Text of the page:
Sure, “Jack Frost nipping at your nose” is fun in theory (and to sing by a roaring fire), but nobody likes feeling a cold draft when they’re indoors. Especially if that cold draft is caused by plummeting temperatures or wind sneaking inside a house from old or improperly-installed windows.
Windows lose heat from direct contact with the cold on the glass or glazing, the frame, and air leakage through and around them.
Newer windows have new functionalities and features that are more energy efficient and durable than older options. They will not only keep heat in and cold out during cold months, but keep cool air in and hot air out during warm months. New windows will also make your home quieter, as those cracks and crevices where blustery winds would normally flow through will be filled.
Installing new windows can be pricey, but doing so can save you big in the long run by not having your money and heat go (literally) out the window.
There are many things to consider when choosing new windows, so we’ve compiled a list to help you on your way.
The type of window frame materials you choose will have an impact on window energy efficiency. Each has its pluses and minuses, but fiberglass, wood, composite, and vinyl frames will prevent air leakage more than metal.
Aluminum and Metal Frames
Although these frames are sturdy and cost-effective, they tend to let heat escape at a quick rate. This makes metal a poor insulating material, and not great for energy efficiency.
Wood frames are aesthetically pleasing, and can be a stunning accent to a new window. They also insulate 400 times better than metal frames and 1,800 times better than aluminum, keeping out both cold air and sound. The main downside is that they require frequent maintenance, including paint or sealant, and to be checked for insects to prevent against deterioration. Wood frames can also be costly.
These frames are made up of a combination of products, such as engineered wood (like laminate), particleboard, and polymer plastics (like PVC). Composite frames are very stable and have similar heat-retaining properties as wood frames, but because of the combination of wood and plastic products, composite frames have better moisture and decay-prevention qualities.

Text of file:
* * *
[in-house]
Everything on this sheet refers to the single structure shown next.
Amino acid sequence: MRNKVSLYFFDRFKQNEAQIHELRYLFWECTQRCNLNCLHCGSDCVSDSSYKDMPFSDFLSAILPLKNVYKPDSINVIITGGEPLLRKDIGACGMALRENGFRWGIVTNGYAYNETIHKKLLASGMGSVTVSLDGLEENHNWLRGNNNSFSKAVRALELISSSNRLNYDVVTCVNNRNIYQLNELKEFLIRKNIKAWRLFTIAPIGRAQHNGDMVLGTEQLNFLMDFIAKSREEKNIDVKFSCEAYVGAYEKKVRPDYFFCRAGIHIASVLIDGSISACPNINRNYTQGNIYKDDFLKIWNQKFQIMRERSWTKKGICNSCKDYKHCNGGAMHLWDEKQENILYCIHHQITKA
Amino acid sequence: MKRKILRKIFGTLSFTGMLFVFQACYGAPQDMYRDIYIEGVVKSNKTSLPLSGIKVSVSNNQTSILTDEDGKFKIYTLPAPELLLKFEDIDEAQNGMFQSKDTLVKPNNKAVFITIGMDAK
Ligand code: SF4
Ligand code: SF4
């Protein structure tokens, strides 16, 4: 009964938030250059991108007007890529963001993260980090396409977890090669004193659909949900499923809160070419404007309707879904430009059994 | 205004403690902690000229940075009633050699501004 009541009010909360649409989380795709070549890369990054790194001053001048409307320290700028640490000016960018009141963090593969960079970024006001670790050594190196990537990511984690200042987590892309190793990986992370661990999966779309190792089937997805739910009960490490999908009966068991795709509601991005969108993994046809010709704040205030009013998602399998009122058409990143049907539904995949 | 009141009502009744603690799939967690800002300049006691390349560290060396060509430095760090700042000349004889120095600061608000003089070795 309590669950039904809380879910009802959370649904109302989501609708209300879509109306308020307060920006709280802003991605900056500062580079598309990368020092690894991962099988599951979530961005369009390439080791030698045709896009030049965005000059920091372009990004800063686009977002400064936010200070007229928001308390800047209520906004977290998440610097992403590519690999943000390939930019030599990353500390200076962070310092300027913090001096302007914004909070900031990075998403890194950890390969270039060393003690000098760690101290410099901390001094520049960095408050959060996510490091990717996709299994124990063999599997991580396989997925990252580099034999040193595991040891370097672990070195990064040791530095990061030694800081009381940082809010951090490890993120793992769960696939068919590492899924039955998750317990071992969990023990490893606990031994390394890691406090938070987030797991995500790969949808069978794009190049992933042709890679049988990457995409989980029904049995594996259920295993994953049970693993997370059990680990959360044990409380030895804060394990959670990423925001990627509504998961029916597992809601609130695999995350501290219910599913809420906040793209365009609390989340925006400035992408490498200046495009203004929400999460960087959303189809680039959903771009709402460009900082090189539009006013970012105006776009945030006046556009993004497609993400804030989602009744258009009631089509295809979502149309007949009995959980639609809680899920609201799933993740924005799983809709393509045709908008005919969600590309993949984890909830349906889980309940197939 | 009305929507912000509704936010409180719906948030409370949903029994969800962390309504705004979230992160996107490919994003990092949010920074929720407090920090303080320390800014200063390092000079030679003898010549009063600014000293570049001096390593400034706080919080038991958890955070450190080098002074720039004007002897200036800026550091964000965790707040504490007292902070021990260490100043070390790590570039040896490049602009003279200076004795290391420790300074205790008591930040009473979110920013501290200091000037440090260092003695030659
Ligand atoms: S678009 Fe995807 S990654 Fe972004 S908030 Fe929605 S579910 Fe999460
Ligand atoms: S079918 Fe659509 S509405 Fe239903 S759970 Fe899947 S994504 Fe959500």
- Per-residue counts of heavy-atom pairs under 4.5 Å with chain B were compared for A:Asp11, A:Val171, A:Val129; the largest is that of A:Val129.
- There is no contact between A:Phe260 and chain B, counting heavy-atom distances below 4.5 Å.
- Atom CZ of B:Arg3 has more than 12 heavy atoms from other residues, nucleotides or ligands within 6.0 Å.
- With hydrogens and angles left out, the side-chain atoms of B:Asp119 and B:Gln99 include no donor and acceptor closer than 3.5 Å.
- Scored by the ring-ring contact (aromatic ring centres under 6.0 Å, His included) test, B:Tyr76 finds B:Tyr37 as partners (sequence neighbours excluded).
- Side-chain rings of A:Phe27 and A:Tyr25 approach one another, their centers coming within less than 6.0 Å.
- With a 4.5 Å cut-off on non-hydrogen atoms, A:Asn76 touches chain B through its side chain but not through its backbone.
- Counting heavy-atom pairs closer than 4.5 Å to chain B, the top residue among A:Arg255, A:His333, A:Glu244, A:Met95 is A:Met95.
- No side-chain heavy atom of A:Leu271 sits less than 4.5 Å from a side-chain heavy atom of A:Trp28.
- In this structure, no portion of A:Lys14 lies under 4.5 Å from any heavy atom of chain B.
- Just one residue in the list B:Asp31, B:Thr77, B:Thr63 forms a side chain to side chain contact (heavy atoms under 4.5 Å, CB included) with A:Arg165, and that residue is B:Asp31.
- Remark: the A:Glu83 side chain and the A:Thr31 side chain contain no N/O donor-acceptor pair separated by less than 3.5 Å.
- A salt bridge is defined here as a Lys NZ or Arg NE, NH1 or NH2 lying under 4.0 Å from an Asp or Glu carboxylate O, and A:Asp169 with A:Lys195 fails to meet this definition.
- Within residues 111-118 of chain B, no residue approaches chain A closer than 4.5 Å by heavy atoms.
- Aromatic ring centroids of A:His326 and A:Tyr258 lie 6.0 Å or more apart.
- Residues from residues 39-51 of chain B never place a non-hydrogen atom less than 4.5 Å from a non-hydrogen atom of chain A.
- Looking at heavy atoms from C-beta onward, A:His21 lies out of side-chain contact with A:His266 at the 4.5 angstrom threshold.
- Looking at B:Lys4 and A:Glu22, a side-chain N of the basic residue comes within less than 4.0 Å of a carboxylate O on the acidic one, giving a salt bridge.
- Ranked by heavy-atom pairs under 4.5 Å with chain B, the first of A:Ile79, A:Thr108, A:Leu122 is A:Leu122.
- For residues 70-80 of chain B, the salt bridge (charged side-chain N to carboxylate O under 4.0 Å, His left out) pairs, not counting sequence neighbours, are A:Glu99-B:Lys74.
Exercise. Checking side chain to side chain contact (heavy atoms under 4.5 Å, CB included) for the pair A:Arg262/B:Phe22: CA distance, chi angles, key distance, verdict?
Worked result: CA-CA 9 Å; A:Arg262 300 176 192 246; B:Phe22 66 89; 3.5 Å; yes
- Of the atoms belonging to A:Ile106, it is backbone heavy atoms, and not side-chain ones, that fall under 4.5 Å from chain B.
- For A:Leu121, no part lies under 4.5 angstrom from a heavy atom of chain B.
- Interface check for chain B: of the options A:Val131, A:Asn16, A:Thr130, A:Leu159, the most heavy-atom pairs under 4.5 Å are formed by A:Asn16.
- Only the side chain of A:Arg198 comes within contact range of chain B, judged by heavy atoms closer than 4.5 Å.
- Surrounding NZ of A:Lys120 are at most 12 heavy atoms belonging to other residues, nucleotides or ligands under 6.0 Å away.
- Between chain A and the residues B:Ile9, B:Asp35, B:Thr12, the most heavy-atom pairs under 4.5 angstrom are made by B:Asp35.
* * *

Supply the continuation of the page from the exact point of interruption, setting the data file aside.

Vinyl is the most common type of window frame replacement that you’ll find today. This product is durable and a great insulator. It’s also recyclable,making it an excellent environmentally-friendly choice. Vinyl window frames are also some of the most affordable frames out there, giving the most bang for your buck.
Compared to metal, wood, or vinyl, fiberglass frames are the most energy efficient. They are also capable of retaining the greatest amount of heat inside your home. Fiberglass frames have air cavities that can be filled with insulation. That, coupled with their herculean-like stability, gives them a leg up over the competition, providing superior performance and longevity.
Glaze or Glass Features
The treatment and type of windows you choose will affect the security, property value, and energy efficiency of your home.
Insulated or Double-Glazed Windows
Double glazing a window means using two panes of glass instead of one. There are many advantages to choosing windows that are insulated. They reduce the amount of heat escaping your home, soundproofs inside and prevents noise pollution from the outside. Double glazed windows are also harder to break and open from the outside, increasing the security of your house. Also, if you ever choose to sell your house, double-glazed windows increases property value. There are a couple downsides to insulated windows. First is the initial cost can be high. Second, if a window is ever cracked or broken, it can’t be repaired, but has to be replaced.
Low-emissivity (low-e) windows are windows coated in a special microscopic metal-oxide that reduces heat loss by 30 to 50 percent. It only costs about 10 to 15 percent more than regular windows.
Gas fills are essential to minimizing the transfer of heat between the inside and outside of your home. If you windows have a gas leak, air is more likely to be seeping through, as well. Window manufacturers most typically use argon or krypton gases to fill the air spaces between the glass panels. The two gases are odorless, non-toxic, and clear.
- Krypton is used when the space between the glass is about ¼-inch thick. Krypton has a better thermal rating the argon, but is more expensive.
- Argon is used when the space between the glass panes is about ½-inch thick. Since argon has a lower thermal rating, sometimes manufacturers mix it with krypton to increase the energy efficiency while still keeping the costs down.
Spacers are used to keep the panes of glass the correct distance apart while still allowing for expansion and adjustments to pressure, while also preventing moisture and gas leaks. There are many different types of spacers available, ranging in composition, performance, and temperature ratings. It’s best to consult a professional to discuss which type of spacer would be most beneficial for your home based.
At TruHome Inc., we understand that while efficient, quality windows can go a long way toward improving your home and life, they are also a big investment. That’s why our experienced window professionals will walk you through every step of the process to discuss the options best for you. From choosing a product that won’t make you feel like you’re throwing money out the window to installing your windows professionally and efficiently, our TruHome Inc. experienced window professionals will ensure all your window needs are met.
Contact us for your free, no-obligation replacement windows assessment and estimate with financing options available. TruHome Inc. is based in Monroe, WI and proudly provides services throughout the Tri-State area.
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